The state of Texas suffered an exceptional cold snap last week. With a hard-hit power grid, the local electricity supplier has asked manufacturers to shut down, especially at chip factories at NXP, Samsung and Infineon. This situation further overwhelms world production, in the midst of a semiconductor shortage.
The unprecedented cold snap in Texas caused major power outages. Primacy being given to essential services and citizens, the Texas electricity supplier AustinEnergy notably asked NXP, Samsung and Infineon to close their factories. If the emergency operations are completed, the return to normal and knowledge of the impact on the industrial side will be gradual, with obvious repercussions on world production already marred by the shortage of semiconductors.
Thus the consulting firm TrendForce points to the S2 line of the factory of the founder Samsung, offering a monthly capacity representing approximately 5% of the world total. Even planned, the blackout is expected to strain 1 to 2% of the global 12-inch wafer foundry potential. The return to normal, estimated at one week, depends on the gradual warming of Texas and the restoration of power to the plant in Austin. The Taiwanese firm adds that the 14nm and 11nm processes are predominant in this one, while the other processes are calibrated from 64nm to 28nm. In total, the plant produces for Qualcomm, Samsung System LSI, Tesla and Renesas. The increased delivery times should be an unfavorable echo of the current semiconductor crisis, particularly penalizing the automobile industry.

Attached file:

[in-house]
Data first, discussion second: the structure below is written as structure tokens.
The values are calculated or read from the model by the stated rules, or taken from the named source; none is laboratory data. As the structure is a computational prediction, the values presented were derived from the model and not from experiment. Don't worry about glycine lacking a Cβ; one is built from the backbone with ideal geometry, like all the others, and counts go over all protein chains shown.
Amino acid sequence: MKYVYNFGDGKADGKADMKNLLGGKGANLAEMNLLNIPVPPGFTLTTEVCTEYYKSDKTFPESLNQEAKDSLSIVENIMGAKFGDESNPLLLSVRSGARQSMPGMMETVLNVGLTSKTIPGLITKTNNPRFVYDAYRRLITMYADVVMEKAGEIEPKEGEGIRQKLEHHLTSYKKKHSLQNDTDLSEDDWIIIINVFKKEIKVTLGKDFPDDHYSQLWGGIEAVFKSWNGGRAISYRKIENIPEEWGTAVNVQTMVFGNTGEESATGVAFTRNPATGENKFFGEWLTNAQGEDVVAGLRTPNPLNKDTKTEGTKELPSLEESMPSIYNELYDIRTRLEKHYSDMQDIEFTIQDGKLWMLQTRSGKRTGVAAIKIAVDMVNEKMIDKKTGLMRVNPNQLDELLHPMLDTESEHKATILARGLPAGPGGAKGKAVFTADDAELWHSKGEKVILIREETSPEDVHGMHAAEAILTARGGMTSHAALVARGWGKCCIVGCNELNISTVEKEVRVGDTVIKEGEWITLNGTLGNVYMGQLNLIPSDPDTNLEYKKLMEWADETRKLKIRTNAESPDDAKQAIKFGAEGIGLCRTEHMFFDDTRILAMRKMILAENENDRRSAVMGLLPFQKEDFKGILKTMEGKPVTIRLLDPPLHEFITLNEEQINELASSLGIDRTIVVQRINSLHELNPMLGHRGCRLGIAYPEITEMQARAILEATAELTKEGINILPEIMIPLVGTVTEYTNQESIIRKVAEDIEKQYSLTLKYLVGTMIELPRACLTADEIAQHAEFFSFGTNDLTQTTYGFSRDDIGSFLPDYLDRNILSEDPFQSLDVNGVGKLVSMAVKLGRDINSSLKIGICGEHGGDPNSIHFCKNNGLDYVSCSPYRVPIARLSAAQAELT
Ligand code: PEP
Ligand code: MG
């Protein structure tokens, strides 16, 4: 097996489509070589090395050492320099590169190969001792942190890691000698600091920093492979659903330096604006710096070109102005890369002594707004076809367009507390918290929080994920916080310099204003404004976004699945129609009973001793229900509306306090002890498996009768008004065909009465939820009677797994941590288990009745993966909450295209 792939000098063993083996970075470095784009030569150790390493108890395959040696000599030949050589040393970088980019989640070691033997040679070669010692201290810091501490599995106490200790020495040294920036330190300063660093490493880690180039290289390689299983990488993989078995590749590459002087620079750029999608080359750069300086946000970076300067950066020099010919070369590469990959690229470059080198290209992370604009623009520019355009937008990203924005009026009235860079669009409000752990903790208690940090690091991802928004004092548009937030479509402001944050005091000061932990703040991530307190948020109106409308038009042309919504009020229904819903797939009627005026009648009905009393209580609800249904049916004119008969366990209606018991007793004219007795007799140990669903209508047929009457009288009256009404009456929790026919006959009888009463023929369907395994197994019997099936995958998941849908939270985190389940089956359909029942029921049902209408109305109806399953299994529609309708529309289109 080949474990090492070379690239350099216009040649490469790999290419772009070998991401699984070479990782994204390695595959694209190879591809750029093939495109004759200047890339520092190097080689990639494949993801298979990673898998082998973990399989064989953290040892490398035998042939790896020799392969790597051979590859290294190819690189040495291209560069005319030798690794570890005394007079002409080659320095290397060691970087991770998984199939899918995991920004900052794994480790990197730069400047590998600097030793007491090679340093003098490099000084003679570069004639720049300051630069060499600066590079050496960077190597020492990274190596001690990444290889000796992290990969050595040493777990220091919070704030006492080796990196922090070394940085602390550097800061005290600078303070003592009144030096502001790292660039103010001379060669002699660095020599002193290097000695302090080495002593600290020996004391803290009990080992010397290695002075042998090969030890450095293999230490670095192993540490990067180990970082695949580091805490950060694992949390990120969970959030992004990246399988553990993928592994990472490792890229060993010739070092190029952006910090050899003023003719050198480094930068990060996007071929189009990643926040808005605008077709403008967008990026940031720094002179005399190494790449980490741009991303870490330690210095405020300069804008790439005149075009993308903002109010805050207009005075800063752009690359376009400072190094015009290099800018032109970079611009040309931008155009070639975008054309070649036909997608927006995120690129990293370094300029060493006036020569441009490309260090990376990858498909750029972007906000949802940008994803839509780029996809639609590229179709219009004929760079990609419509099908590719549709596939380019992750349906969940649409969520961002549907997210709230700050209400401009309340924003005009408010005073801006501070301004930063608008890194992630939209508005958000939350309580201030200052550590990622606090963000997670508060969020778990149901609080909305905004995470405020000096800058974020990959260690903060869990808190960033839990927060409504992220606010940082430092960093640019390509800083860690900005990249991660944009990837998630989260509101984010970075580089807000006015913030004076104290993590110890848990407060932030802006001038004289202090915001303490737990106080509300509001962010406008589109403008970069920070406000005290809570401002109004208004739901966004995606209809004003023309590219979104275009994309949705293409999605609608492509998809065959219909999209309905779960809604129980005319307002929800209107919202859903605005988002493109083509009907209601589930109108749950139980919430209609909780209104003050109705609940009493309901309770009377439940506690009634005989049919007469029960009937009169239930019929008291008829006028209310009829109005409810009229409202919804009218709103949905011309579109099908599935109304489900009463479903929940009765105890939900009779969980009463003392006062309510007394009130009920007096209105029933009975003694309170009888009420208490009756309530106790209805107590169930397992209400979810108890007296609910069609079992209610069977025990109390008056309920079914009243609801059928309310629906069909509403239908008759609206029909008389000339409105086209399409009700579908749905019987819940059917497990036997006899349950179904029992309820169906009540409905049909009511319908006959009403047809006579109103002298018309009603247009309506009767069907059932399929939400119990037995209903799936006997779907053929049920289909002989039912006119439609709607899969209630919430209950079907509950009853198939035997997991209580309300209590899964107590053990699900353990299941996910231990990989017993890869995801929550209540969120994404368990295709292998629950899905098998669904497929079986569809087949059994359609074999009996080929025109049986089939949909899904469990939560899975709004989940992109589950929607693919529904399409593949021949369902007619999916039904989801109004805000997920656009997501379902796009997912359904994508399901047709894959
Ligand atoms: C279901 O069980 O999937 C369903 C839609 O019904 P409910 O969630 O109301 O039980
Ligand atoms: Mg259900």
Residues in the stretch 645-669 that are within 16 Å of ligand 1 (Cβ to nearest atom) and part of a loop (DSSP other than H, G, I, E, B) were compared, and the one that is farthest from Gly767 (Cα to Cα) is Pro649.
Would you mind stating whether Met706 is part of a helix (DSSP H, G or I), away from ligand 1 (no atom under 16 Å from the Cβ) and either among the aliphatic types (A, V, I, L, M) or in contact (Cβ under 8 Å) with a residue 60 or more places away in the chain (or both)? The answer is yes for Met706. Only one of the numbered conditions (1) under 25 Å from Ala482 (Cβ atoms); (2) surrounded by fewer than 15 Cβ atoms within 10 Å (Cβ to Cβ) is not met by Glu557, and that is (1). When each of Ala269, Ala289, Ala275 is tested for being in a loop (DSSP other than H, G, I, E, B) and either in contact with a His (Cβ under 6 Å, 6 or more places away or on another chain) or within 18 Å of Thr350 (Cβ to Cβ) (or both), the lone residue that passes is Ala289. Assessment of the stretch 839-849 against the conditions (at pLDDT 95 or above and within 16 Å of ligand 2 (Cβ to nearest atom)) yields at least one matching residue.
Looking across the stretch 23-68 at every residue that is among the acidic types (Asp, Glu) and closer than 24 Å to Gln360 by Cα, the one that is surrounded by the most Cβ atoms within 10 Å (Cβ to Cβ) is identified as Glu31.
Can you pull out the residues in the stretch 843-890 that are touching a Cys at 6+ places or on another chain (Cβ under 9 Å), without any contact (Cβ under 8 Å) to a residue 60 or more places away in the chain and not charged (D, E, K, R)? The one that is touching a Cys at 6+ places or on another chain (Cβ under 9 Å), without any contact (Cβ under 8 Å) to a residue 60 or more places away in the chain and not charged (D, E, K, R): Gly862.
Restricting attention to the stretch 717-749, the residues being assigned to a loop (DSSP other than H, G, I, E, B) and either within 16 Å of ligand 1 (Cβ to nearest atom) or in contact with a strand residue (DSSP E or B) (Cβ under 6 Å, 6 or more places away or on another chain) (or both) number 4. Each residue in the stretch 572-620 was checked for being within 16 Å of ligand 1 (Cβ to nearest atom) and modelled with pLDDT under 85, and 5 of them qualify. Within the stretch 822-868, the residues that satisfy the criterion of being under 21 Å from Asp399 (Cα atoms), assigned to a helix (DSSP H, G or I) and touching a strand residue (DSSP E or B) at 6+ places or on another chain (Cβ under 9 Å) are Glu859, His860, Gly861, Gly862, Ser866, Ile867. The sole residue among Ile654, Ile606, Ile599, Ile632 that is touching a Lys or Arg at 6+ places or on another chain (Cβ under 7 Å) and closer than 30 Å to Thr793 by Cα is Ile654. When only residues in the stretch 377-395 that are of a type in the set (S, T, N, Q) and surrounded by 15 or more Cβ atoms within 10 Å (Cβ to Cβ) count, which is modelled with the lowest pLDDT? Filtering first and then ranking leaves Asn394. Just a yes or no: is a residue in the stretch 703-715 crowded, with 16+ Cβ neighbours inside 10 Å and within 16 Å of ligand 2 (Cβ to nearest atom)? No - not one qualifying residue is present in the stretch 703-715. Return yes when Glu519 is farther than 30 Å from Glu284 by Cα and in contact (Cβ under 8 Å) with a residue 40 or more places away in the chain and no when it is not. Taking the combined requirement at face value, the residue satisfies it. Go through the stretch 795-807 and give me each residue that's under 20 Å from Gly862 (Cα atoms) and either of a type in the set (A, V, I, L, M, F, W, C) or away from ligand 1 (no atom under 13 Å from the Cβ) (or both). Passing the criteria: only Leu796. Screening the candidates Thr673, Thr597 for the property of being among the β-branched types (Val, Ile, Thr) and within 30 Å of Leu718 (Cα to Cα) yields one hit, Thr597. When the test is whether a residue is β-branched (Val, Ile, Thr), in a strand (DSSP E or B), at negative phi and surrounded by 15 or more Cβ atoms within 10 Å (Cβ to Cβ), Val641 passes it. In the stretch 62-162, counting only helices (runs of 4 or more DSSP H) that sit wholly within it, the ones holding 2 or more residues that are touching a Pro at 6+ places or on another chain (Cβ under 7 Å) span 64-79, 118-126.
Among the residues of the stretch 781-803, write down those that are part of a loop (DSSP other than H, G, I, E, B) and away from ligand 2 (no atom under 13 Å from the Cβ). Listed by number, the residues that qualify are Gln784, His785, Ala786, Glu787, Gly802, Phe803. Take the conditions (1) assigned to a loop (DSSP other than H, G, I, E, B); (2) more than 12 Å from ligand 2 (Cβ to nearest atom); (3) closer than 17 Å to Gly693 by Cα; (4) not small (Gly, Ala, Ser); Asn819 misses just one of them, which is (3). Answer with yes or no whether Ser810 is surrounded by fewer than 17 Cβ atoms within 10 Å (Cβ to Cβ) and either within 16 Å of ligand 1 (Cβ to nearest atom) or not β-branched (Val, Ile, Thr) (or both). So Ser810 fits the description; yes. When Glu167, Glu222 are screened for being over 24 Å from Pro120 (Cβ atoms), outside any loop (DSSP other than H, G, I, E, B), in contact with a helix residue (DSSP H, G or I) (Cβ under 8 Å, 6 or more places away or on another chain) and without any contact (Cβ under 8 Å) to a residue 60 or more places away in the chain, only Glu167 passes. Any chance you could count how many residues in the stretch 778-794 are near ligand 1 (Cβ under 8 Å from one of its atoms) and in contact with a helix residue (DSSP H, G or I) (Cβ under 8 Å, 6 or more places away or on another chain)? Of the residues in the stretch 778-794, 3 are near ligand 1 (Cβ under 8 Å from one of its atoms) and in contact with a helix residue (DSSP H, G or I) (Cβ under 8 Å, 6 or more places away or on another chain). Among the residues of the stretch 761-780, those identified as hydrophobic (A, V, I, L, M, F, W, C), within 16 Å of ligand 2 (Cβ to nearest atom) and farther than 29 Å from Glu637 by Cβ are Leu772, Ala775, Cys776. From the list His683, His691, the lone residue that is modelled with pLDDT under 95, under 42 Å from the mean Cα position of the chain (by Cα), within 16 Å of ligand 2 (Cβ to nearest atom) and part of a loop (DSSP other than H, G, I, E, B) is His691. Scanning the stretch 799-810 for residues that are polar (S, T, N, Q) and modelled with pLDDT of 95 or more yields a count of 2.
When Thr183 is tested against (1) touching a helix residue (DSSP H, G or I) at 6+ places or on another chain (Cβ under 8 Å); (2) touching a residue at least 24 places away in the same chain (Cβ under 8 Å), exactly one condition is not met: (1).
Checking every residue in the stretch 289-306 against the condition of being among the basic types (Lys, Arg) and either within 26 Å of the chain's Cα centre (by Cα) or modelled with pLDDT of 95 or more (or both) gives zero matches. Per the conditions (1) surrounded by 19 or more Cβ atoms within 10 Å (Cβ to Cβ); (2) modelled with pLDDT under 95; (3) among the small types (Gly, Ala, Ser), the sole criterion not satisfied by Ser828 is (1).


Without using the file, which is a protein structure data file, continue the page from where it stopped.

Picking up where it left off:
At NXP, a press release indicates “(…) Keep our Austin factories in a safe condition to allow reliable, high-quality supply once operations resume.” Like the others, the German Infineon had been warned of the power cut:“(…) We were able to secure the factory and protect our employees and our inventory. We immediately set up a task force, which is continuously monitoring the situation and taking mitigating measures. “